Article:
The founding of Harper's New Monthly Magazine 130 years ago "marked the end of the old era" in american magazines, according to history. Does the forthcoming demise of Harper's mark the end of more than a magazine on the American scene? Has the American public intellect reached a point where it can sustain all sorts of hobby, service, special-interest, sexual-interest magazines -- but not the eldest of the small surviving band of "quality" magazines on general and literature affairs?
It was not so much a matter of circulation as of advertising, say the Harper's post mortems. Today's owners deserve credit for not selling out to would-be buyers who would not maintain the magazine's editorial independence. Yet they could not find the right buyer to relieve them of the drain of annual losses. A far cry from the early days when a rival magazine publisher who was threatened by the success of Harper's complained: "The owners of Harper's have no right to win the stakes; they are rich enough already."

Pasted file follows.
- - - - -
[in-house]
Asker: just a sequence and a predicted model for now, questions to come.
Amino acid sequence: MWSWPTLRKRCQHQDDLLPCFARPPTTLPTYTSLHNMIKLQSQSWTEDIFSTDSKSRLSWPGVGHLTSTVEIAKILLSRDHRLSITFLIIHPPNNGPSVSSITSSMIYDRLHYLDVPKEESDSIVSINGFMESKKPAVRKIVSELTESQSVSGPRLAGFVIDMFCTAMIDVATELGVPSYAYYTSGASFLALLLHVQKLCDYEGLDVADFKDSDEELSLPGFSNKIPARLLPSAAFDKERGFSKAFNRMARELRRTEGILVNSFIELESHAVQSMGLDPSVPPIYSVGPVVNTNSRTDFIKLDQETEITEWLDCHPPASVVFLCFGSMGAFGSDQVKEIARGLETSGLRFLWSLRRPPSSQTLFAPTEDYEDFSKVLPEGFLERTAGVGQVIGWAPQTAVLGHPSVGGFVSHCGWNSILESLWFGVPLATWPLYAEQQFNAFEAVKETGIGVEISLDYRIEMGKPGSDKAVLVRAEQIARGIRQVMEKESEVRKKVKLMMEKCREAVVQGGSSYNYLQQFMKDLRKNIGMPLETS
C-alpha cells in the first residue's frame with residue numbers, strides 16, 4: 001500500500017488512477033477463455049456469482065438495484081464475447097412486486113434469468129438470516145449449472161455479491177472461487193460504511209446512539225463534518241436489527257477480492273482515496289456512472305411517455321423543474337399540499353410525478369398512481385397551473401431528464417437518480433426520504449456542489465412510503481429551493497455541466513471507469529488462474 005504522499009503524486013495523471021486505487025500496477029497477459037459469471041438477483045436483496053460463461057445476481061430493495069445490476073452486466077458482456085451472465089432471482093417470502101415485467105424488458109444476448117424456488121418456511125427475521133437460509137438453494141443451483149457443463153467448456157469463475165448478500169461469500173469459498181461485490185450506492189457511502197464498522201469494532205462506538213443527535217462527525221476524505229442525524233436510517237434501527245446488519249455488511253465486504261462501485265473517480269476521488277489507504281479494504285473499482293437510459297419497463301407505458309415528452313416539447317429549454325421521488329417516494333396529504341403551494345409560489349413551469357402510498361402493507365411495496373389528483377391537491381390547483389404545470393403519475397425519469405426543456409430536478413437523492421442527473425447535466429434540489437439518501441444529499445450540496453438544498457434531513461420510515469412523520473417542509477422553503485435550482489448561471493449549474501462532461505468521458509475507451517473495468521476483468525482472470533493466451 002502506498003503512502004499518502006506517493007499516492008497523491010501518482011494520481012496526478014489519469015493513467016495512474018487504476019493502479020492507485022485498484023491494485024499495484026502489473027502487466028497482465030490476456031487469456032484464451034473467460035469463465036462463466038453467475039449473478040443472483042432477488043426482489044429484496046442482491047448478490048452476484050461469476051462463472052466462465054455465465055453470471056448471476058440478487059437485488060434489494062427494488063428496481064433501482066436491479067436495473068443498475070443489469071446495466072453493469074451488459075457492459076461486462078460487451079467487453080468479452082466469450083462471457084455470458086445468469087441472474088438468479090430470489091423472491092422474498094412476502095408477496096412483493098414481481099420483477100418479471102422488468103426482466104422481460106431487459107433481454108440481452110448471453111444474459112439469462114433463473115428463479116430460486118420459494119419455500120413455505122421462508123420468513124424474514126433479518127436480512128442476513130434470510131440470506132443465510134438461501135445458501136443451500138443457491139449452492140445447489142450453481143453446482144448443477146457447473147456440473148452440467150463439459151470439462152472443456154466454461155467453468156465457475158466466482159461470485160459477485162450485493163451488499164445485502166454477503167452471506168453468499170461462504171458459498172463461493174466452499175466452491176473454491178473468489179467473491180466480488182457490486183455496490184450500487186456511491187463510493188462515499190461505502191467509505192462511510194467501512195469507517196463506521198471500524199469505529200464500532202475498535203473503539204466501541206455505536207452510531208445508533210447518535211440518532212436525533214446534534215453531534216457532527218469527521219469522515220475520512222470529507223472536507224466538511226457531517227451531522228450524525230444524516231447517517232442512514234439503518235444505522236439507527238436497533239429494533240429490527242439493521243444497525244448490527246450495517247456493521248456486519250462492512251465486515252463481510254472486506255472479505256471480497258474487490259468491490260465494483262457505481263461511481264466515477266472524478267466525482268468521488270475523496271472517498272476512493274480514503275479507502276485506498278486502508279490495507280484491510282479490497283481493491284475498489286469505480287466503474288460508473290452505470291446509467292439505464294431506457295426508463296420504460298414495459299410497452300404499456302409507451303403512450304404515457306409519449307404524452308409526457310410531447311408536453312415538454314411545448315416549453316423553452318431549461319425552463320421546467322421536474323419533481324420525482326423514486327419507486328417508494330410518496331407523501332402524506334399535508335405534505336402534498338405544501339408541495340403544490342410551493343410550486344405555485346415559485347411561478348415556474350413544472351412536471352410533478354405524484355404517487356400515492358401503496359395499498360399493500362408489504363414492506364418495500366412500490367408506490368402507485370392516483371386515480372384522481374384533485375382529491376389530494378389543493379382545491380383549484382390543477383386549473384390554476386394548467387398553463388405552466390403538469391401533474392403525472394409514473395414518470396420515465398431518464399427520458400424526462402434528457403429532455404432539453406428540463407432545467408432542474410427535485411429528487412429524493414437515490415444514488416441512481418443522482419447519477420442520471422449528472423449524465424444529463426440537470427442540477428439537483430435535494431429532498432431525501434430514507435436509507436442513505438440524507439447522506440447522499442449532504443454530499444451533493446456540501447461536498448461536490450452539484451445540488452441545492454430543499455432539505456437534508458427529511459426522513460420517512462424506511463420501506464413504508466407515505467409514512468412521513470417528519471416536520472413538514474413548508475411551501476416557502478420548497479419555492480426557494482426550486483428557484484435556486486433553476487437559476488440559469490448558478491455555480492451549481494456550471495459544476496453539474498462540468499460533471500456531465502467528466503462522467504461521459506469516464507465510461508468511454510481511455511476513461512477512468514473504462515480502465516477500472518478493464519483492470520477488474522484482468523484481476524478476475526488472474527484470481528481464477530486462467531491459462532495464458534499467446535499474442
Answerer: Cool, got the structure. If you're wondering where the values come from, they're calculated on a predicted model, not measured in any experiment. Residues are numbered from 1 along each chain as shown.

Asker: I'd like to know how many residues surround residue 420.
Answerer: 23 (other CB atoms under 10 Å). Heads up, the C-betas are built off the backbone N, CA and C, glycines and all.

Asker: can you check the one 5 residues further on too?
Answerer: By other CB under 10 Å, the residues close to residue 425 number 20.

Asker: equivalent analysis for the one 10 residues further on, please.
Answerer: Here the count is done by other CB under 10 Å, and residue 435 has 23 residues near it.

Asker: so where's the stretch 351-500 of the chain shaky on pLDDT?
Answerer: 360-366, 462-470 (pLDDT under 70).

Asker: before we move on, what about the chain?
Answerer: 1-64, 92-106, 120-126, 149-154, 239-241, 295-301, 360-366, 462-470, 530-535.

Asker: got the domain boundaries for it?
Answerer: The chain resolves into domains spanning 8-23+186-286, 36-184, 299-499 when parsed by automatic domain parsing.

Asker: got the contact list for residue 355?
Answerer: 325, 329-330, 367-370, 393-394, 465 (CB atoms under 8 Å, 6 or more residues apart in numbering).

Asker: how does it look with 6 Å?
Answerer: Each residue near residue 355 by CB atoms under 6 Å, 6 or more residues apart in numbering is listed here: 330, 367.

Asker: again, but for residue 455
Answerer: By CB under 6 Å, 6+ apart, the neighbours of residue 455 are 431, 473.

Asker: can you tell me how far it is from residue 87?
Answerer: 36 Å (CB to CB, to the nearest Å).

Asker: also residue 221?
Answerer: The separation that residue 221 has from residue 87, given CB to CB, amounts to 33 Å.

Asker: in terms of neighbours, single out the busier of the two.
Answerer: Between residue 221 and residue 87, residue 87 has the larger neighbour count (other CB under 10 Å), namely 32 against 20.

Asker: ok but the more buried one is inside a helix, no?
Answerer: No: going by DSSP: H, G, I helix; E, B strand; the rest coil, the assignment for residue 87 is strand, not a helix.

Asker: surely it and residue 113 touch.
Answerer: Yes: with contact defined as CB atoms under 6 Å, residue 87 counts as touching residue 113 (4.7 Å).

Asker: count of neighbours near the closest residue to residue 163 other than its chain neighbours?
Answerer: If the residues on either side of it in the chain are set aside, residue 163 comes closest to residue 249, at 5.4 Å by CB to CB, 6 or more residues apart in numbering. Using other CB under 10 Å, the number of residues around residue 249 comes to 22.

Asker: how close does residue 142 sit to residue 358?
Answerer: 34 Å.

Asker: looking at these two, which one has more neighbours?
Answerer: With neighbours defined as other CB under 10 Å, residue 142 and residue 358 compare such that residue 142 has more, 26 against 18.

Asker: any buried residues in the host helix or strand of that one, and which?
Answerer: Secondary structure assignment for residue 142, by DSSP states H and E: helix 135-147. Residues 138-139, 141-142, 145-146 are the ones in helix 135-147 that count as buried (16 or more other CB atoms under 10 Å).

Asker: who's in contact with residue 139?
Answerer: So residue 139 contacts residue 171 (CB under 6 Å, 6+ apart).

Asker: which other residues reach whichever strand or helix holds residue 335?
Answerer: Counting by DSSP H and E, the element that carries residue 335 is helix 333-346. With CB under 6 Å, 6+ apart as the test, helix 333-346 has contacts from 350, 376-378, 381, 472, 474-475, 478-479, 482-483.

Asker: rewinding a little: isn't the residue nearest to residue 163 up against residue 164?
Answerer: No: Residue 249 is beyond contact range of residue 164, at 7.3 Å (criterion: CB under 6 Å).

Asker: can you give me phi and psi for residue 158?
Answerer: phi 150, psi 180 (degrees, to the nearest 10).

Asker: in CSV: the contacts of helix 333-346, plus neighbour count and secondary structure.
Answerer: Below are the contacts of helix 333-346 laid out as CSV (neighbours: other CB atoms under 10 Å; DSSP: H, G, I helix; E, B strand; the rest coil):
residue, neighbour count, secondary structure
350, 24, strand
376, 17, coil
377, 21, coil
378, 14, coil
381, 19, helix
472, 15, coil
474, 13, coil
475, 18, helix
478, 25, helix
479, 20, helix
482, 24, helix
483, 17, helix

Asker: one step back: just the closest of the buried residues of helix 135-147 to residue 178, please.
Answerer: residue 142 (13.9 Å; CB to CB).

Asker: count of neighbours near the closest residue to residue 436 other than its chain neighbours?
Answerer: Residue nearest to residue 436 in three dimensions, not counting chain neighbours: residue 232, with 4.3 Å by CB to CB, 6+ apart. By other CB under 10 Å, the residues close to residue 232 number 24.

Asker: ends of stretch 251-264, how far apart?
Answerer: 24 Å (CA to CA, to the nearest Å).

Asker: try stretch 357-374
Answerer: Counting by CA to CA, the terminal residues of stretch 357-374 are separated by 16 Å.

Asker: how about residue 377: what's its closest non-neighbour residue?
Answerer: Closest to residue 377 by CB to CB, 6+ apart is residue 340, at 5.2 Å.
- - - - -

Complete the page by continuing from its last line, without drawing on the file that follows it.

Success a century ago was measured in 100,000 readers rather than the three times as many Harper's has today. When 300,000-plus people are interested in a quality product, shouldn't America find a way to serve them? It appears to be a case not of the vanishing audience but of American enterprise failing to be quite enterprising enough.